One requirement that never changes is Aecon’s focus on safety. Everything Aecon does – with regard to IT or otherwise – concentrates on the safety and security of its employees as a core value. “Our people and getting them home safely to their families is our number one priority. From a business perspective, we don’t win business if we have a poor safety record,” says Templeton.
As a result, Aecon has implemented technology to support this value.
“Generally, in the construction industry, it can be difficult to track safety certifications or competencies,” Templeton explains. “Rather than asking employees to recomplete certifications as they move to different roles or employers, we use a tool called Success Factors that tracks the safety records of all employees, ensuring managers do not need to put certain employees through the safety regiment all over again.”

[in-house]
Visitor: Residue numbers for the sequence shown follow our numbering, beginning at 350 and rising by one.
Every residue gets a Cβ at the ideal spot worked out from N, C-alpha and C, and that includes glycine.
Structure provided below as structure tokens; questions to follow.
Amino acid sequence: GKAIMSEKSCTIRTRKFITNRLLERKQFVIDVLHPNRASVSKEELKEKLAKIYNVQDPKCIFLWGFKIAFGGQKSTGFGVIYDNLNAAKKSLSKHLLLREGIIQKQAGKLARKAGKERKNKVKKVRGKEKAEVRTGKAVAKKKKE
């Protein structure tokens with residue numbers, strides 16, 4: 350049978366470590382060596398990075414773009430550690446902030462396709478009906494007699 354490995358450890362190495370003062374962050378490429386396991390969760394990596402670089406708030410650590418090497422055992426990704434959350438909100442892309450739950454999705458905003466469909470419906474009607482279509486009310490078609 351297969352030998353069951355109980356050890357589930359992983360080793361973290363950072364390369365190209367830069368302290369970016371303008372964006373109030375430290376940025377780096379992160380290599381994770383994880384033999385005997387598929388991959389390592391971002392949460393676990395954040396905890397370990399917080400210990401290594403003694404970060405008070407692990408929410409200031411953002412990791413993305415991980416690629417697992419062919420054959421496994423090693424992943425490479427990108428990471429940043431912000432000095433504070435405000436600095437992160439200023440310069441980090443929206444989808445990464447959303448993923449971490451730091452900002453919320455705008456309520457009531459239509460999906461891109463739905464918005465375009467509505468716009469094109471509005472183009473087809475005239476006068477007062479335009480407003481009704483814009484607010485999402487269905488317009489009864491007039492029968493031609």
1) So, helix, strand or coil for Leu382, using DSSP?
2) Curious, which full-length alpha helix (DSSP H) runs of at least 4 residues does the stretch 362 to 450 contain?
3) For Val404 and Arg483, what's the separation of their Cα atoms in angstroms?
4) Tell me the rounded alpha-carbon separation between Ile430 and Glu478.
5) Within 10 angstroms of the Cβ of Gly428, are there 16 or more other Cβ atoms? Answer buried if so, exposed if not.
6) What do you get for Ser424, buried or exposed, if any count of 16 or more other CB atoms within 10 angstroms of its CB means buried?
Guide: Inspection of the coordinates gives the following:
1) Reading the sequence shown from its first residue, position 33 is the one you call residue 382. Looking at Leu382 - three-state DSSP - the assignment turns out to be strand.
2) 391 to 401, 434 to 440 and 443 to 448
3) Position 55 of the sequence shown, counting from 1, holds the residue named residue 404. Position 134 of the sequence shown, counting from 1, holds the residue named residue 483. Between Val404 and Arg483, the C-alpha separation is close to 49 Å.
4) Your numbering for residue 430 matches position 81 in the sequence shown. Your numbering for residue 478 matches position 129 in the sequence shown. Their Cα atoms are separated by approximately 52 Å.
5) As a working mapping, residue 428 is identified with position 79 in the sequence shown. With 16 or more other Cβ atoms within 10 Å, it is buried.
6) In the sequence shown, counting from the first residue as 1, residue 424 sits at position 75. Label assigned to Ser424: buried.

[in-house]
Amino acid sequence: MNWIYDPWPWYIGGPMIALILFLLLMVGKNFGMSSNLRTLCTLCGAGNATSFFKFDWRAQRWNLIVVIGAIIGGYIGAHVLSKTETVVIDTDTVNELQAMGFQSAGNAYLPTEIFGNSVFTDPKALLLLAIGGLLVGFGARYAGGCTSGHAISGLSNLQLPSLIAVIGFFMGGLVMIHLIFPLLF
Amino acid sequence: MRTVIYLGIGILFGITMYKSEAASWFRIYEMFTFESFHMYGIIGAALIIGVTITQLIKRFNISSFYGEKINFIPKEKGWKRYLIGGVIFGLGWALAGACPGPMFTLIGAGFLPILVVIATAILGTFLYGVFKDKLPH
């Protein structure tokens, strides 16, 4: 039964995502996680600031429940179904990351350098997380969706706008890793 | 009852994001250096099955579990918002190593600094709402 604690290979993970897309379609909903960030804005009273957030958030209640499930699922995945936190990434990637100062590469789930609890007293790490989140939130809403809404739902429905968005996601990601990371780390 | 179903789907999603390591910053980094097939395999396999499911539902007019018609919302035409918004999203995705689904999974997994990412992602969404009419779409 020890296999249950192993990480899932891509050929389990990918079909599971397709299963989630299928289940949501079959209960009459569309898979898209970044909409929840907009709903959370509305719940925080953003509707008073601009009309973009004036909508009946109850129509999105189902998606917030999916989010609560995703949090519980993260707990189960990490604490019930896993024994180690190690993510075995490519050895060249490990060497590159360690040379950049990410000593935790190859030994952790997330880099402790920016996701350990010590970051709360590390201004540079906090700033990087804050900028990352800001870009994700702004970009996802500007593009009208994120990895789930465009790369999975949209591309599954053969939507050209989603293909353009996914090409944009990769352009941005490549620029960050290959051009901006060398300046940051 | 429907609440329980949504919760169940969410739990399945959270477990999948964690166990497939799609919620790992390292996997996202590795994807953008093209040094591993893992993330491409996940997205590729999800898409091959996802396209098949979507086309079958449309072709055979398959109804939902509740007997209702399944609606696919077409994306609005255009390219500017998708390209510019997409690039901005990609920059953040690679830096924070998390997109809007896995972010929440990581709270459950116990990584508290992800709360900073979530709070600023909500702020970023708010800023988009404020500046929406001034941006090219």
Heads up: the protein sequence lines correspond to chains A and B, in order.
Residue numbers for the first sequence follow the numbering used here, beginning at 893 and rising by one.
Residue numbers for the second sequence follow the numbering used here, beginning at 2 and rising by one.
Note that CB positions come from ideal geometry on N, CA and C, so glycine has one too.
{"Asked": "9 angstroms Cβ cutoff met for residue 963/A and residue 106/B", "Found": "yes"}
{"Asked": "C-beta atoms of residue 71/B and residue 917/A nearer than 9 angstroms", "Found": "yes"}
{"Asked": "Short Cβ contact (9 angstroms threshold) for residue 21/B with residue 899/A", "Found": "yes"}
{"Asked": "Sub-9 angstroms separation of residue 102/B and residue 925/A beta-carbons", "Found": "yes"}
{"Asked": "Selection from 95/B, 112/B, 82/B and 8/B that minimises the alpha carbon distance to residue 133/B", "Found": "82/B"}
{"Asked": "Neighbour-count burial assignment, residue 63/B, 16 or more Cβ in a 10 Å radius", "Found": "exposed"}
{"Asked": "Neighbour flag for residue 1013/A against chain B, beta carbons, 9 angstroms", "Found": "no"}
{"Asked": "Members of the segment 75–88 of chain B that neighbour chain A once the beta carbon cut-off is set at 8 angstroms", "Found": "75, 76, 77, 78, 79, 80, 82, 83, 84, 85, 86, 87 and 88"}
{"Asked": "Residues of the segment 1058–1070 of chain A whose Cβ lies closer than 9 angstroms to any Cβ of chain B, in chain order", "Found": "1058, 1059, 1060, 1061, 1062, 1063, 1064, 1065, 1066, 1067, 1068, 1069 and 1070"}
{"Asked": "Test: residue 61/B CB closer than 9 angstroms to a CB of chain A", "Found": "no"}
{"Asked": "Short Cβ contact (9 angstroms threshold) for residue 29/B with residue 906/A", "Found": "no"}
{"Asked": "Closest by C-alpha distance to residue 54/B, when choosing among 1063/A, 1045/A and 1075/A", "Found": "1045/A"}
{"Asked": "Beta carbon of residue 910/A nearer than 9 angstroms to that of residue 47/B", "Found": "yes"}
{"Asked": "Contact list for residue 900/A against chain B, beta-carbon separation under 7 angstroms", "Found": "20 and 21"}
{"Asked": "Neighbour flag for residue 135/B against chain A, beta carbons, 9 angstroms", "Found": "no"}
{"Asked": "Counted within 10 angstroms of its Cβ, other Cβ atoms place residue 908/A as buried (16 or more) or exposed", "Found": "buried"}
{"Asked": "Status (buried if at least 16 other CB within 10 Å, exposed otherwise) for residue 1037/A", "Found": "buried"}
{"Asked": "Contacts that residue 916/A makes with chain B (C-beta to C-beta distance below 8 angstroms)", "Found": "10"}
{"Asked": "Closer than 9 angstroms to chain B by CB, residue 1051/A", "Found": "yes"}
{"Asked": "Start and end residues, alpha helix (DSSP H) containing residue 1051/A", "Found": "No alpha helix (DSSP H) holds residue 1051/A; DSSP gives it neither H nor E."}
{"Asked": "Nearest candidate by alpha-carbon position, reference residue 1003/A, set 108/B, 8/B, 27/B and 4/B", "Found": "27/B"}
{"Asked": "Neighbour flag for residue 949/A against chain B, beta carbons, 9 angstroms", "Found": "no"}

This ensures workers do not waste time unnecessary doubling up on training, instead earning their certification in a timely manner so foremen can be assured of an employee’s suitability. For Templeton, technology at Aecon is all about making construction environments a better, safer, and more efficient place to be.
“It’s exciting to me, especially from a technology point of view. We’ve looked at driving business value internally. How do we improve the way we work? How do we improve the way we are seen externally to our business clients? How can we provide value to them using technology?
“There are areas in which we can track underground fibre using augmented reality, or use 360-degree cameras in our utility vehicles to start tracking the degradation of utility poles on the side of the road without the actual employee having to analyse it. There are tracking and inspection within the utility tools and software that we’re looking at, and that drives straight down to the bottom line – not just to Aecon, but to our customer.”